Changing Relationships With Authors
As Miller points out, there are the two components of author compensation for book publishers: advances and royalties. Advances can range from $1,000 for a first-time author up into the millions, such as for recent memoirs from Sarah Palin and Hillary Clinton. Royalties are paid off of actual book sales against the advance, usually on an escalating scale-for example, 15% for the first 20,000 copies sold in hardcover and 20% thereafter. Oftentimes, there are different percentages for different formats, giving authors varying incentive to support sales efforts along different channels such as hardcover, paperback, or digital.
HarperStudio is experimenting with a restructuring of how it compensates authors for their work. "We have a structure that gives authors a smaller advance but a 50/50 revenue share regardless of the platform on which it's sold," says Miller. That gives authors just as much incentive to push the digital book as the printed copy. "But we're an exception in the industry."
The e-reader onslaught could lead to a significant shake-up in how authors are selected and compensated. "We publish books based on their likelihood to sell in hardcover," Forrester analyst James McQuivey says. "If I were Sony or Random House, I'd create a digital minor league-an imprint for first-time authors, where readers can download a book for $4.99 and provide [the] author [with] feedback." Harlequin has done just this with its digital-only publishing house, Carina Press. The imprint plans to launch in summer 2010 and will release new titles on a weekly basis.
Miller wonders whether McQuivey's approach underestimates the cost of creating even an electronic book. "You don't get two bites of the apple," he says. "If you're going to promote a digital version of the book, you won't get a second chance to do that when it goes physical."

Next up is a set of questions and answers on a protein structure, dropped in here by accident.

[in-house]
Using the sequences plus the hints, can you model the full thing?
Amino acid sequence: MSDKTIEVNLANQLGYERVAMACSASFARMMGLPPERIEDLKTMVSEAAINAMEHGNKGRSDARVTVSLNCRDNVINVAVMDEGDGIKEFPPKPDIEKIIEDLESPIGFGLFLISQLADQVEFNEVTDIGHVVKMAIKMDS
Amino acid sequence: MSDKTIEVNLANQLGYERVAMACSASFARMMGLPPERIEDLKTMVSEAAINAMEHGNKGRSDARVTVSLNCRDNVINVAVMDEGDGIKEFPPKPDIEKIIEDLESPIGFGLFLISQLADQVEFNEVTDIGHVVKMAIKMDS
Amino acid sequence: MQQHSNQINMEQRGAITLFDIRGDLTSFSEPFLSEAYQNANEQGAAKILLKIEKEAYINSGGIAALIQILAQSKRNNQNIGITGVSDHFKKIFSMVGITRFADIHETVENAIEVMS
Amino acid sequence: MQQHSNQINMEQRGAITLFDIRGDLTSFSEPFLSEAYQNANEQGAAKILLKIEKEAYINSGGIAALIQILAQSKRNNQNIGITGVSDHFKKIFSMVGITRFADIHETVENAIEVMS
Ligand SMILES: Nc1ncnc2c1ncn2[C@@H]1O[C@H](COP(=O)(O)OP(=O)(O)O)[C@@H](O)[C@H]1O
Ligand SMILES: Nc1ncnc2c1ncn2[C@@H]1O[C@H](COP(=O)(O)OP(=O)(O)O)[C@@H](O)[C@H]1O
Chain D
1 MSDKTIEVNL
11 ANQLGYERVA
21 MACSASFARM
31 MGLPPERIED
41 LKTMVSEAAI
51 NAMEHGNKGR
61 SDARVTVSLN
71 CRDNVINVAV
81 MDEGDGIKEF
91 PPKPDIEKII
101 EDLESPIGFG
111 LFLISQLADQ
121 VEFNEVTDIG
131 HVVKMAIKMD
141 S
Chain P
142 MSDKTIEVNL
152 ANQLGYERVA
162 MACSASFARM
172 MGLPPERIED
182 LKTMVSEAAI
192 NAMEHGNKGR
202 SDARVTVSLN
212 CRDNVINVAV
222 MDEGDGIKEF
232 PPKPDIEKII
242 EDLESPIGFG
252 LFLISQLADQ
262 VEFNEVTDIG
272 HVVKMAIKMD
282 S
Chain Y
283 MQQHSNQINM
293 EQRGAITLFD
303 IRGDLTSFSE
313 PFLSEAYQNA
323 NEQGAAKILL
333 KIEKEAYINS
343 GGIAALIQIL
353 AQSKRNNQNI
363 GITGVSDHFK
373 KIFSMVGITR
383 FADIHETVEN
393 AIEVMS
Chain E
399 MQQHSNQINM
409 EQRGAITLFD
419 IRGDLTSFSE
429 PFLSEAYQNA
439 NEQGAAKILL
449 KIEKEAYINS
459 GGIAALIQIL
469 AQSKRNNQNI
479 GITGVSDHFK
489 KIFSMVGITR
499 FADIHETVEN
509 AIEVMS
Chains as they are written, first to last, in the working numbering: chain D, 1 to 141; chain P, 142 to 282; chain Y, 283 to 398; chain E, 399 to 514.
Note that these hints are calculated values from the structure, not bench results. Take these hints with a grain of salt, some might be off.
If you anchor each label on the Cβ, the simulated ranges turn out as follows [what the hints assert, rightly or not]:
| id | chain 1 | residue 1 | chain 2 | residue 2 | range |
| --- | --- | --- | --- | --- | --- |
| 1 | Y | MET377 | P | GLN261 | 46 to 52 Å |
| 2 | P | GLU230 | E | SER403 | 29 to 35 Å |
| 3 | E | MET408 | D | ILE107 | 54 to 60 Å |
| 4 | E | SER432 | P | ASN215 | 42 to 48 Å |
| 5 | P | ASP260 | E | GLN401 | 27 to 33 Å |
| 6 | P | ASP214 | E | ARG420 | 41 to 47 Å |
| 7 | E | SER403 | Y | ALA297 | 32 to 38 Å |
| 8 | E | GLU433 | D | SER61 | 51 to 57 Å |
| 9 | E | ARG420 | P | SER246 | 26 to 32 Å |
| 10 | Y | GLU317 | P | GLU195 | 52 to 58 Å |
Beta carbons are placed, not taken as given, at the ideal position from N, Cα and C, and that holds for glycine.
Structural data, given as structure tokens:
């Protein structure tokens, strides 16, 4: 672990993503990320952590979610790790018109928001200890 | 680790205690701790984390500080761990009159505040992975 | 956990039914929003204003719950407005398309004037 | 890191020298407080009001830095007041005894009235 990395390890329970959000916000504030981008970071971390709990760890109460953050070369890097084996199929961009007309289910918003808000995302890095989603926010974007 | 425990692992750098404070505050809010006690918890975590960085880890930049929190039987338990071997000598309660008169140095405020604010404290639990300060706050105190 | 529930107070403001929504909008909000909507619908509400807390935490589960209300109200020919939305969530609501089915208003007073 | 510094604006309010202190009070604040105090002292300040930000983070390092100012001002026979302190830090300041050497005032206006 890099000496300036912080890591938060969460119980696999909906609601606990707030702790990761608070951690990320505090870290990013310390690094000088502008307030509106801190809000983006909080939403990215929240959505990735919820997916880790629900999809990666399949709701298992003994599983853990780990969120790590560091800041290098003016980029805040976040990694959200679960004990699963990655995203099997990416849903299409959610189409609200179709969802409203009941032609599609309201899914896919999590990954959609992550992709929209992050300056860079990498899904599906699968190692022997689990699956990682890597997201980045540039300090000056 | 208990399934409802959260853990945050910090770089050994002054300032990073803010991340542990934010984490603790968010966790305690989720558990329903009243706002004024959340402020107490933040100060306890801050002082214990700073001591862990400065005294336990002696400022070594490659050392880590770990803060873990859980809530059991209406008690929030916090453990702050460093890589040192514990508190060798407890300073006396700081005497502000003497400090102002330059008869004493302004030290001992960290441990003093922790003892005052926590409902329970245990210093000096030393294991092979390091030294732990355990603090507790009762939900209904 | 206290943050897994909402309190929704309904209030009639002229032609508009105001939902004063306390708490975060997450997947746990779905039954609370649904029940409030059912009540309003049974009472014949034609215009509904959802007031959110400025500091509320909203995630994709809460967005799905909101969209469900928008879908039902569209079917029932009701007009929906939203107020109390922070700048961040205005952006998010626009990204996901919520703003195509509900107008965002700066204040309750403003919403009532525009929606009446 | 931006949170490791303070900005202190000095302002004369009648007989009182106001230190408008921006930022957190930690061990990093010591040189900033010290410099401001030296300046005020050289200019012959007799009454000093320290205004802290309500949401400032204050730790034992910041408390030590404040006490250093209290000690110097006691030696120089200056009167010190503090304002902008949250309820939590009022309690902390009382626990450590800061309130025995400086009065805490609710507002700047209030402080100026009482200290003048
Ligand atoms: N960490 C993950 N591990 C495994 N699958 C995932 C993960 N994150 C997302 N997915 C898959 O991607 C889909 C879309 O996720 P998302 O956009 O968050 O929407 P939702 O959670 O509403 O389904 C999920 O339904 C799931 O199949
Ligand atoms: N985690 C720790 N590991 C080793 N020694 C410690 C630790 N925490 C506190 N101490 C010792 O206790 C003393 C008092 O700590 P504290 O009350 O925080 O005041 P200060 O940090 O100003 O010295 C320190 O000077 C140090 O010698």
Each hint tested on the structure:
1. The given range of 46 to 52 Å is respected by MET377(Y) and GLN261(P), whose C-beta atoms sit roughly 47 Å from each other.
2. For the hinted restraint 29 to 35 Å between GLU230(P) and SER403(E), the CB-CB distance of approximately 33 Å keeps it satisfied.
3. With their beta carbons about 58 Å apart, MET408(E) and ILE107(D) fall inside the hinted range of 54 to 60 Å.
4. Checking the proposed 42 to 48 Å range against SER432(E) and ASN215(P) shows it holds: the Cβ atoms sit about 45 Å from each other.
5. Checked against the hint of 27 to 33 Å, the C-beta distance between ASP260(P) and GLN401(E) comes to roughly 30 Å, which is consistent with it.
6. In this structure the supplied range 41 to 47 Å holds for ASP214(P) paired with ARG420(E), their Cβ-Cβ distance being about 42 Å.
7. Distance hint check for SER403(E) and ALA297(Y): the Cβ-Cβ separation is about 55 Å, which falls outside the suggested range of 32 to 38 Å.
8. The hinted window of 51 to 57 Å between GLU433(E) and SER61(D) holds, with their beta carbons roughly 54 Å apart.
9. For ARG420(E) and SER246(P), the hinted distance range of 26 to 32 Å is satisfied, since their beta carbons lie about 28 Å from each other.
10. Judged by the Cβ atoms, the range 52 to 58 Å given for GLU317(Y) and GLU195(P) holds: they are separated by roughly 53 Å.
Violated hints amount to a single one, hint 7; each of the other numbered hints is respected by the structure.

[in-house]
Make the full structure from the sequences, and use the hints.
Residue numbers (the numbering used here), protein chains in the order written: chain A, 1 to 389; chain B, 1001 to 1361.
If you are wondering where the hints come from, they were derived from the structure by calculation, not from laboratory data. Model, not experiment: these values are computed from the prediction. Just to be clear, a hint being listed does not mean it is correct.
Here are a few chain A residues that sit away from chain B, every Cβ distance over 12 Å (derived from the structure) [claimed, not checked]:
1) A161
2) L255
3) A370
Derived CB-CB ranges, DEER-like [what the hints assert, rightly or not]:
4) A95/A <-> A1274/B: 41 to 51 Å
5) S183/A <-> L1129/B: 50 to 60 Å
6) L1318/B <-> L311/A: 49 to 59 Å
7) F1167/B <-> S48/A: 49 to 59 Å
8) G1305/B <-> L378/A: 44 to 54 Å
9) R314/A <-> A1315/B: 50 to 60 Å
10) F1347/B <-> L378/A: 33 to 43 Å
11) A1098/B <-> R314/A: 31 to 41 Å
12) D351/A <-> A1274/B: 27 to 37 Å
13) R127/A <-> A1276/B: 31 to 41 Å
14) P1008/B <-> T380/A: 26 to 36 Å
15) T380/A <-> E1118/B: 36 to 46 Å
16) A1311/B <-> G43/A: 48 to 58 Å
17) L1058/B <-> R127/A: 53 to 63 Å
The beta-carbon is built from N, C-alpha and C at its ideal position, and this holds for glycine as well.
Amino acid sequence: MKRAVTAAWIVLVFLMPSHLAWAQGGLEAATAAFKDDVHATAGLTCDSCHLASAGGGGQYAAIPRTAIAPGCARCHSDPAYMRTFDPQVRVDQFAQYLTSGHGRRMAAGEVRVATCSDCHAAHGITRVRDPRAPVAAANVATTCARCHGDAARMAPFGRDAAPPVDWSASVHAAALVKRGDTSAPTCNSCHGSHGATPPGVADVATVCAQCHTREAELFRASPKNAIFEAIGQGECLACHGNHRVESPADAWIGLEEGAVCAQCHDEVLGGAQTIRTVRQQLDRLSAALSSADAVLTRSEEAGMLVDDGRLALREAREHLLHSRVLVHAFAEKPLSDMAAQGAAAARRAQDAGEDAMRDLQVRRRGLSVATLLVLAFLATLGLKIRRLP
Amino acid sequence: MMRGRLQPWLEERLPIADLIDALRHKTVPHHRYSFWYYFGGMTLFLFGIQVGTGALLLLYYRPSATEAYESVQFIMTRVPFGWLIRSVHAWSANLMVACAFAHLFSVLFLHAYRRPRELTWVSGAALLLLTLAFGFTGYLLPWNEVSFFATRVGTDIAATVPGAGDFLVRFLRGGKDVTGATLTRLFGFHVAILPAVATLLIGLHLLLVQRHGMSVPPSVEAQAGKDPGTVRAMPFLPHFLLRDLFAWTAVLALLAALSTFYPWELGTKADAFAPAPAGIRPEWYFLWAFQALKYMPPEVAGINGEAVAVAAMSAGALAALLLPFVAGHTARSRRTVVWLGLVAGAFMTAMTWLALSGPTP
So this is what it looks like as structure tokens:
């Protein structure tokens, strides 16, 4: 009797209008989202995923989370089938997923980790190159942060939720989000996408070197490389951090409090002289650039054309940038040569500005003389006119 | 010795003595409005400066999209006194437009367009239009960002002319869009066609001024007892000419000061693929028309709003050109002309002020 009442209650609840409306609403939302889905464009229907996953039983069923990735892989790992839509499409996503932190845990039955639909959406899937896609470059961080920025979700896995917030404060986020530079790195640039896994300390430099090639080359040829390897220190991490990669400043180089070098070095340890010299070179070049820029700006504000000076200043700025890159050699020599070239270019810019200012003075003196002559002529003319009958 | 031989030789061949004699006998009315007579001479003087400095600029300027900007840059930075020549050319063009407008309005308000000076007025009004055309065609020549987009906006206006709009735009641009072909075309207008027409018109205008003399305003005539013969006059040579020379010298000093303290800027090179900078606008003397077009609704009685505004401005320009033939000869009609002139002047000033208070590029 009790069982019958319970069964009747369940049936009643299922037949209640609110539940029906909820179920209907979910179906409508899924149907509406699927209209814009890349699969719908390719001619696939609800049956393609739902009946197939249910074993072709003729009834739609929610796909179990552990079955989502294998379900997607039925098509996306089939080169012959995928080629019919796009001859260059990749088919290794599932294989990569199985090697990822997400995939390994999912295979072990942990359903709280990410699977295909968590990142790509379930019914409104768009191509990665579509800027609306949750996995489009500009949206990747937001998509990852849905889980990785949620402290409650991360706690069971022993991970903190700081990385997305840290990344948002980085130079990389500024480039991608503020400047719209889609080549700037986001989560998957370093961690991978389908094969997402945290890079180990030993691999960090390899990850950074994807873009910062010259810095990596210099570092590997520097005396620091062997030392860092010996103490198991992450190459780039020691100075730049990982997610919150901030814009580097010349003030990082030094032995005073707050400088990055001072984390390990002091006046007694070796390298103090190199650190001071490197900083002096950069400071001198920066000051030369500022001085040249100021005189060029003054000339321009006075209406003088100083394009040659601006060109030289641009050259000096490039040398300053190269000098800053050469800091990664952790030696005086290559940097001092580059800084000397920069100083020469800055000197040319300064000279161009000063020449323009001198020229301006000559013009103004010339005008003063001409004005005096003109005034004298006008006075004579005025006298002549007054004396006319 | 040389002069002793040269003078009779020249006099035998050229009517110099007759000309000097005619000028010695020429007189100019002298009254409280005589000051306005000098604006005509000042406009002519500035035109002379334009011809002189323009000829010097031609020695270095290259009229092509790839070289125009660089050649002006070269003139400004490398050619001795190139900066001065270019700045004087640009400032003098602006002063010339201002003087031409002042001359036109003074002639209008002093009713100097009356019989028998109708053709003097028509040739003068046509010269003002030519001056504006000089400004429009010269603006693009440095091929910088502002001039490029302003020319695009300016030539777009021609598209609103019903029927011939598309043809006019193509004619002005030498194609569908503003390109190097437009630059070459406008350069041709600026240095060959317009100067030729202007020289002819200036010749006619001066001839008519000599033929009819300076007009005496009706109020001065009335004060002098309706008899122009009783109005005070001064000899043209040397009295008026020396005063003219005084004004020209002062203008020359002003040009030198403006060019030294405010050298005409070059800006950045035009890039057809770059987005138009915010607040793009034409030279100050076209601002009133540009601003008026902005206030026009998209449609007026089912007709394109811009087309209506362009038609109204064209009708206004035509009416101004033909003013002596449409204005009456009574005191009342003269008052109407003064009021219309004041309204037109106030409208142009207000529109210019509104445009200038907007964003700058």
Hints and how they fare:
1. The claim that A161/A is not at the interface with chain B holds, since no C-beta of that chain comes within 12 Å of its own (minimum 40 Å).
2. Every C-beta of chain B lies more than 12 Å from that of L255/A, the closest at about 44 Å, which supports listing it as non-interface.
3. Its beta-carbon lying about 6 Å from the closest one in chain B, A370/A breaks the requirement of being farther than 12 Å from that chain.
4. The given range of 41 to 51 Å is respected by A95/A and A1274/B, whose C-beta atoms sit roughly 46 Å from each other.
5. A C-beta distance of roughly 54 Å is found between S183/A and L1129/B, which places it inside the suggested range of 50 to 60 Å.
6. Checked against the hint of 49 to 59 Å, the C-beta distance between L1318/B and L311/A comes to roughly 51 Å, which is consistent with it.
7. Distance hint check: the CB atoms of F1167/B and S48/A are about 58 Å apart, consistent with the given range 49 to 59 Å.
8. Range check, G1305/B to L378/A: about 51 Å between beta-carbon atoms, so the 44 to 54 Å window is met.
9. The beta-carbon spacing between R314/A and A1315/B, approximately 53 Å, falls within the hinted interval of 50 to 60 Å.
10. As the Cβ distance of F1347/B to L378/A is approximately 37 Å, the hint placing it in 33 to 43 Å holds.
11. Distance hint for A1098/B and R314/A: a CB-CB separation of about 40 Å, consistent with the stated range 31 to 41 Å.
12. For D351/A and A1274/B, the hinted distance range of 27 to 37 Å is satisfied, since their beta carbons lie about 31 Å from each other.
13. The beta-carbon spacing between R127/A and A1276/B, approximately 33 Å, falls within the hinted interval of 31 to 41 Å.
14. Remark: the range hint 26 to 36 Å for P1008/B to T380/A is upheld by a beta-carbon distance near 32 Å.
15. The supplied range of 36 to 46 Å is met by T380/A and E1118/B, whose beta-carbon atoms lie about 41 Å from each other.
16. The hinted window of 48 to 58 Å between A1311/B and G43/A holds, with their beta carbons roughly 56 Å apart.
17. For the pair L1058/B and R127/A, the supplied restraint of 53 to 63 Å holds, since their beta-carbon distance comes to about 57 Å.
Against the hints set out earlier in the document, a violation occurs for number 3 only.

How Publishers Can Leverage Digital Formats
One of the complaints about periodical publishers' digital presence to date has been a lack of imagination-a stubborn loyalty to the format of the printed version. But that mindset is rapidly changing.
Mark Brokering, director of content strategy and acquisition at Safari Books Online, which sells an online subscription database of books, videos, and articles for professionals, says, "When you think of how The New York Times treats its print paper versus its online product, they're not just digitizing the paper anymore. They're creating a dynamic new product," one that integrates video, interactive charts, animation, and user comments and, as such, creates value that a customer will pay for. Brokering continues, "At some point, it's conceivable that the print newspaper could become a byproduct of [its] digital presence."
In December 2009, Google, The New York Times, and The Washington Post announced the Living Stories project, an experiment in presenting news in a manner specifically designed for the online environment. The idea is that complete coverage of an ongoing story is gathered together and prioritized on one URL to enable quick navigation between news articles, opinion pieces, and features, and users can navigate by themes, participants, or multimedia type.
McQuivey says, "Digitization gives publishers a chance to think of a book as more than what's between two covers. Together with the author they can create a digital experience-including video interviews, blog posts, [and] personalized messages from the author." He's excited about how tools such as Twitter and Facebook can help an author make personal connections and build demand for the product along the way.